Recent regulatory shifts and financial uncertainty due to COVID-19 has changed how companies are spending their money, including on share buybacks.

By Allen He 

Major US announcements on buybacks have once again fixed investors’ attention on an often contentious issue. The SEC recently proposed that corporates provide information on buybacks (no later than one day after a trade is executed), while the latest version of the Build Back Better Act bill (BBBA) includes a 1% tax on corporate share buybacks.

While there is much discussion over the merits and regulation of share buybacks as a practice, the reality on the ground is that they were far less prevalent in 2020.

Pros and cons aside, the latest data from FCLTCompass shows that total buybacks worldwide decreased by nearly $300 billion, down from a peak of $1.054 trillion in 2019 to $758 billion in 2020. In addition, as shown below, buybacks as a percentage of total corporate spending decreased by 1.3%, its second lowest level since 2013.

Buybacks as a Percentage of Total Corporate Spending

But which companies, and in which geographic regions and which sectors, is this trend most prominent? A deeper look at the data helps answer this question.

By sector

Interestingly, nearly 50% of the $300 billion decrease in buyback activity can be attributed to the financials sector alone, where regulations were put in place to stop buybacks during the pandemic. Consequently, money spent on buybacks in this sector dropped by 45% year-on-year, from $303 billion in 2019 to $166 billion in 2020. In comparison, while the IT sector also experienced a drop in buybacks, the 15% decrease was far less pronounced. Other sectors with significant changes include energy (-75%) and consumer discretionary (-57%), albeit off a lower total amount of money spent.

Buybacks by GICS Sector: 2019 vs. 2020 ($B USD)

By Country

On a country-by-country basis, American companies continue to dominate the buyback landscape. While the US did have the largest decrease in absolute terms (down 26%), buybacks were down globally overall in 12 of the 17 countries studied in FCLTCompass. India and the United Kingdom experienced the largest decreases, at 97% and 61% respectively, while buyback activity in South Korea and Germany increased by 63% and 30% respectively (albeit off a lower 2019 value).1

Change in share repurchases: 2020 vs. 2019 (%)

The 97% decrease in buybacks among Indian companies makes for a particularly interesting case study. As highlighted in The Dangers of Buybacks: Mitigating Common Pitfalls, in 2017, the Indian government introduced a tax on dividends, leading Indian companies to flock towards buybacks as a more tax-efficient means to return capital to shareholders. As a result, buybacks in India increased by 150% that year, compared to 29% for dividends. The government fixed this loophole in 2019 by levying the same tax on buybacks. The new tax, combined with the impacts of the pandemic, resulted in the 97% decrease we see between 2019 and 2020 (compared to a 58% decrease in dividends).2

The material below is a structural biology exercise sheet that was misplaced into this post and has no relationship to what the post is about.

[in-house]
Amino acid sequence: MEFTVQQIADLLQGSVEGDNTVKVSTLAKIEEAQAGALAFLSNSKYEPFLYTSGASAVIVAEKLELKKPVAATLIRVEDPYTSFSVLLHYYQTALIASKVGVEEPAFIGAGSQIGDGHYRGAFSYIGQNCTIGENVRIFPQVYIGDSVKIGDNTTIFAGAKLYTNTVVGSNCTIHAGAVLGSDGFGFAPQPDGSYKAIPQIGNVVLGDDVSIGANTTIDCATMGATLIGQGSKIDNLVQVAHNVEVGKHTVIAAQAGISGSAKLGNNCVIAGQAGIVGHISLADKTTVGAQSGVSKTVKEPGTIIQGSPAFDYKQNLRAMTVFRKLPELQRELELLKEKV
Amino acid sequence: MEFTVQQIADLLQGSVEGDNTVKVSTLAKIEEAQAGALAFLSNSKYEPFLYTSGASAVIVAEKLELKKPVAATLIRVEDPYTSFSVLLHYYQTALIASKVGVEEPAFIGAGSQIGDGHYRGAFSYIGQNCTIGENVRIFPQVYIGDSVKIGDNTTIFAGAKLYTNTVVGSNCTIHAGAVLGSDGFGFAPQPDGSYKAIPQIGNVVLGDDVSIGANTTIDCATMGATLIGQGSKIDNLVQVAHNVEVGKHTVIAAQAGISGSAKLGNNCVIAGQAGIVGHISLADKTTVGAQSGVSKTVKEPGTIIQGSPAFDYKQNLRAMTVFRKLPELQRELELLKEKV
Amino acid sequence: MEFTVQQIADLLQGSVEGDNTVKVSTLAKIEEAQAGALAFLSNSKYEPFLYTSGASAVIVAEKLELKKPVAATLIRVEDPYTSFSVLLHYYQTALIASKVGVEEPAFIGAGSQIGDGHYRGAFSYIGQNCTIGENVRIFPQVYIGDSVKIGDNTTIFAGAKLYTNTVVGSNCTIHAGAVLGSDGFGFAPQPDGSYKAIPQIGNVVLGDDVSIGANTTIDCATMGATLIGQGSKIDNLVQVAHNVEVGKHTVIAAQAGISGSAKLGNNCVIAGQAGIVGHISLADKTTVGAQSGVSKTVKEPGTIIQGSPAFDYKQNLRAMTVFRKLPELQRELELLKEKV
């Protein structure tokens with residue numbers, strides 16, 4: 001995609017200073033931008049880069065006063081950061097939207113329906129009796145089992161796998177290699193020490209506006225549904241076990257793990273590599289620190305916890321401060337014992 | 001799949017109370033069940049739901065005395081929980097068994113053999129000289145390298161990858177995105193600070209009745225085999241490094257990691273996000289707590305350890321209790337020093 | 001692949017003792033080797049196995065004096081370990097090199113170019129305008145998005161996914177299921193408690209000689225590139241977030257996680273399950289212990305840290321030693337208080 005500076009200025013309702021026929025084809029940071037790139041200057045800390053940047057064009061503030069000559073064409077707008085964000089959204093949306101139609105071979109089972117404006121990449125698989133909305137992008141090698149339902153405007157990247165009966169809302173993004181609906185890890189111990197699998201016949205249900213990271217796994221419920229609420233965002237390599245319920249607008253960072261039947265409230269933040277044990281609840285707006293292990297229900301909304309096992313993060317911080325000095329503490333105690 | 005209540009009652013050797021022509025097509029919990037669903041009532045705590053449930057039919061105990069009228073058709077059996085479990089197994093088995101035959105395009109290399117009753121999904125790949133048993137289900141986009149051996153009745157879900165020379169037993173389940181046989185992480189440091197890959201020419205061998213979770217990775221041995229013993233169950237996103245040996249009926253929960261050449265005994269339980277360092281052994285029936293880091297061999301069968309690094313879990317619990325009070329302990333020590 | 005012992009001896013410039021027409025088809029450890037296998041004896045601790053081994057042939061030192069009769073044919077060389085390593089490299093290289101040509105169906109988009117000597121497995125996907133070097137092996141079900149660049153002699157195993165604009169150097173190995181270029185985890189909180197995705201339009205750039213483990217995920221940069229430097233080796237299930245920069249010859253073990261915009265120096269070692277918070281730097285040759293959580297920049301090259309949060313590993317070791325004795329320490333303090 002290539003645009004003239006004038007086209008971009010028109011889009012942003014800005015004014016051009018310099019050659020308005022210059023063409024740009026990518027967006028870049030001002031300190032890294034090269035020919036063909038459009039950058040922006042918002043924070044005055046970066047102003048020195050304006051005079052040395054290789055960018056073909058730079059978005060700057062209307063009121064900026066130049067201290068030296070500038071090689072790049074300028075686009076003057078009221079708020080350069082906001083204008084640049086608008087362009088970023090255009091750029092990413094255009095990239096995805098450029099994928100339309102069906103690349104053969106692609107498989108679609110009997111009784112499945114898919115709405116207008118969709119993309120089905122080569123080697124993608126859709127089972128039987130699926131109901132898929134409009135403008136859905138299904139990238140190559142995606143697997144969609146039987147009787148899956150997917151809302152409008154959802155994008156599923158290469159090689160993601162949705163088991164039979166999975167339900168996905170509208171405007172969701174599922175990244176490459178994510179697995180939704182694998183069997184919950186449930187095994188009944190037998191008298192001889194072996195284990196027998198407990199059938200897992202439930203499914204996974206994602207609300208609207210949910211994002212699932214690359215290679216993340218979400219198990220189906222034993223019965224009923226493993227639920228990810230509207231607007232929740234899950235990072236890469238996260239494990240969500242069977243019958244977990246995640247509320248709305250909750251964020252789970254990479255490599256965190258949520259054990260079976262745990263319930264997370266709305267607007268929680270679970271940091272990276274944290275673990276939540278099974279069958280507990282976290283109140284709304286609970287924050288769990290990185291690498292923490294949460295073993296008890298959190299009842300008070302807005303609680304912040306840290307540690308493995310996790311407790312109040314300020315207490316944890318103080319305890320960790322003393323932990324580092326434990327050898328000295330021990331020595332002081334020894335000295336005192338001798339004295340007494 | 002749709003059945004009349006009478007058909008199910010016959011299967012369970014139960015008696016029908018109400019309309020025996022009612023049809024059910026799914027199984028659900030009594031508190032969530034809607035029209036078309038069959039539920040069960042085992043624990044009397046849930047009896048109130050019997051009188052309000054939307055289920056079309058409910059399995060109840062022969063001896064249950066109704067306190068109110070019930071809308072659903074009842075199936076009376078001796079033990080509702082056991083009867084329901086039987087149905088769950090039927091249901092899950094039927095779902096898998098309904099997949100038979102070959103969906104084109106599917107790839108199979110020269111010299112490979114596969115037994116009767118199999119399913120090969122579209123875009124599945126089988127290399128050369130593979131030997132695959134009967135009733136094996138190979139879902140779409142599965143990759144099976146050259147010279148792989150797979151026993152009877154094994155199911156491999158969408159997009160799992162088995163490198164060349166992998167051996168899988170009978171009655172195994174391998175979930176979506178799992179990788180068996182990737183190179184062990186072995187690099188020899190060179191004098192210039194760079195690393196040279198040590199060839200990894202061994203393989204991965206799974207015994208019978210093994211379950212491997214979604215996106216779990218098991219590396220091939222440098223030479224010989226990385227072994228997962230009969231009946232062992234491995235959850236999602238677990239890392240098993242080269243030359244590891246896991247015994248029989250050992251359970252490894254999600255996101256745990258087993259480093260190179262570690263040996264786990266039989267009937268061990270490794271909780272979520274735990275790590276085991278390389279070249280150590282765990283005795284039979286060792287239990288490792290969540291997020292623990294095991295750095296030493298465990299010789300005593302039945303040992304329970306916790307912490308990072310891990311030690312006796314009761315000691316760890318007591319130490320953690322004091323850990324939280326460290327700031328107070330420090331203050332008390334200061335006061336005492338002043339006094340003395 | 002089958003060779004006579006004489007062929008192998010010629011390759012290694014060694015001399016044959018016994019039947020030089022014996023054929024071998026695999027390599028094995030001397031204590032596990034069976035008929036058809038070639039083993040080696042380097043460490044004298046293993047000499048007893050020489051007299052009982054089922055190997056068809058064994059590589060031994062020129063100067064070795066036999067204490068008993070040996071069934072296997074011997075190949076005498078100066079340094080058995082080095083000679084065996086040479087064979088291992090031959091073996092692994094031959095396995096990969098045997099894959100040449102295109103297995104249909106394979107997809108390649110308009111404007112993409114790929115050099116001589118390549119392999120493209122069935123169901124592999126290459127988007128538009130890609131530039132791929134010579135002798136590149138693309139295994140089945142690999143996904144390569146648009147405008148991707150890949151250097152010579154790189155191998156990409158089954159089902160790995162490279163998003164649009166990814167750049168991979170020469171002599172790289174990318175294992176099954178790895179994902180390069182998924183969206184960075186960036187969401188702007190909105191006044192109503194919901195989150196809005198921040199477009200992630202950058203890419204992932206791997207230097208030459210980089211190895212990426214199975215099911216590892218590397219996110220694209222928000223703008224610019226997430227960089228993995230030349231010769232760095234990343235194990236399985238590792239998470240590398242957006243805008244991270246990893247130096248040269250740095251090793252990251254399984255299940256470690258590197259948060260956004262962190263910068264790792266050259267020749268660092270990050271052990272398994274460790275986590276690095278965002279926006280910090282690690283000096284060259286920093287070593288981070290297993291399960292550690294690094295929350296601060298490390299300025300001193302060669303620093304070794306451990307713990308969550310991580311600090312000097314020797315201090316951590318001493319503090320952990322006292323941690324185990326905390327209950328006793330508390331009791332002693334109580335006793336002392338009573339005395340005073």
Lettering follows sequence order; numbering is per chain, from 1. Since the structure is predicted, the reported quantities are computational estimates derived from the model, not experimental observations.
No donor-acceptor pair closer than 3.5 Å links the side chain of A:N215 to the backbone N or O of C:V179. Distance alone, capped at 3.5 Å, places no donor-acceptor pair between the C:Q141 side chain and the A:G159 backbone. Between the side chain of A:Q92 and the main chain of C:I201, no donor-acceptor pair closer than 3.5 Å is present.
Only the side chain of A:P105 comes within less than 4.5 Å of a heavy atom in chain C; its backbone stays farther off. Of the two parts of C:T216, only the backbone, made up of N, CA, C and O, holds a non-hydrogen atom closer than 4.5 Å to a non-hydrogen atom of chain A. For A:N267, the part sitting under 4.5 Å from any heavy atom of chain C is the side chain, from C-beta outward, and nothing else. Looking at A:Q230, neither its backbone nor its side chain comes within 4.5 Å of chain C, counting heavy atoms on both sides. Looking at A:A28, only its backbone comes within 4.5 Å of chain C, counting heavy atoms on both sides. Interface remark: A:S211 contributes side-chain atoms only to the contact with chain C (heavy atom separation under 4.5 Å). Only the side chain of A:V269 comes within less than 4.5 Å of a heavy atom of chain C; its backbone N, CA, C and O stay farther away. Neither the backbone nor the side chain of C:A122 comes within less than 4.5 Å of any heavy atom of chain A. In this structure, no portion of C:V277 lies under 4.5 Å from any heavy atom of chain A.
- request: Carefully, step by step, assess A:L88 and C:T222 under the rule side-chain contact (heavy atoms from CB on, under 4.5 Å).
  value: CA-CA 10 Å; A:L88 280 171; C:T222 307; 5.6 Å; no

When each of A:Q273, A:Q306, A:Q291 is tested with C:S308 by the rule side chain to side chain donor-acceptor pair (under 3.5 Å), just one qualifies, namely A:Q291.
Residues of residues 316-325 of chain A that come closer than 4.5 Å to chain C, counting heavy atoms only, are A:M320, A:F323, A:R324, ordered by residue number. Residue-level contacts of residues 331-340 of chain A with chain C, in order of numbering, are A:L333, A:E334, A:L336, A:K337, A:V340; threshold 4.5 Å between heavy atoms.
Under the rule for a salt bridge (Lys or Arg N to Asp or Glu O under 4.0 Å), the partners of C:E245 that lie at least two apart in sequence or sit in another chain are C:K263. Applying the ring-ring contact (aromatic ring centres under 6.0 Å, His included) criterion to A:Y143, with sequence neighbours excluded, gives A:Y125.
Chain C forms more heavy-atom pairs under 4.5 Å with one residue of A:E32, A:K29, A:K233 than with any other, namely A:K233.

Amount spent on buybacks: Indian Companies ($B USD)

Put into the perspective of the US BBBA bill, a 1% tax on buybacks is likely far too low to deter buyback activity. As seen in India, a 20% tax to curb buybacks can be effective, but at 1%, many companies will still view the flexibility that a buyback provides to be well worth the cost.

As regulatory restrictions that were set at the outset of the pandemic begin to lift, early signs indicate buyback spending is reverting to the pre-pandemic levels of 2019. Corporate CEOs are already claiming “that their cup runneth over” in excess cash, making buybacks a sensible vehicle to return that excess capital.

As we move ahead into 2022, buyback trends worldwide will continue to shift on a sector and geographic basis. What portion of capital corporates allocate to buybacks moving forward will be telling, particularly as we see increased investments to longer-term R&D, capital expenditures, and other new areas. How the trends continue could very well indicate whether this was the start of a trend, or just a one-year, government induced phenomenon.


1. Note: while the tax went into effect the Q3 2019, companies who had announced buyback plans earlier in the year were allowed to complete them without penalty, perhaps explaining why the drop off wasn’t immediate in 2019.

2. Minimum of $1B in buybacks, so countries like China and Singapore which normally do very little buybacks were excluded.

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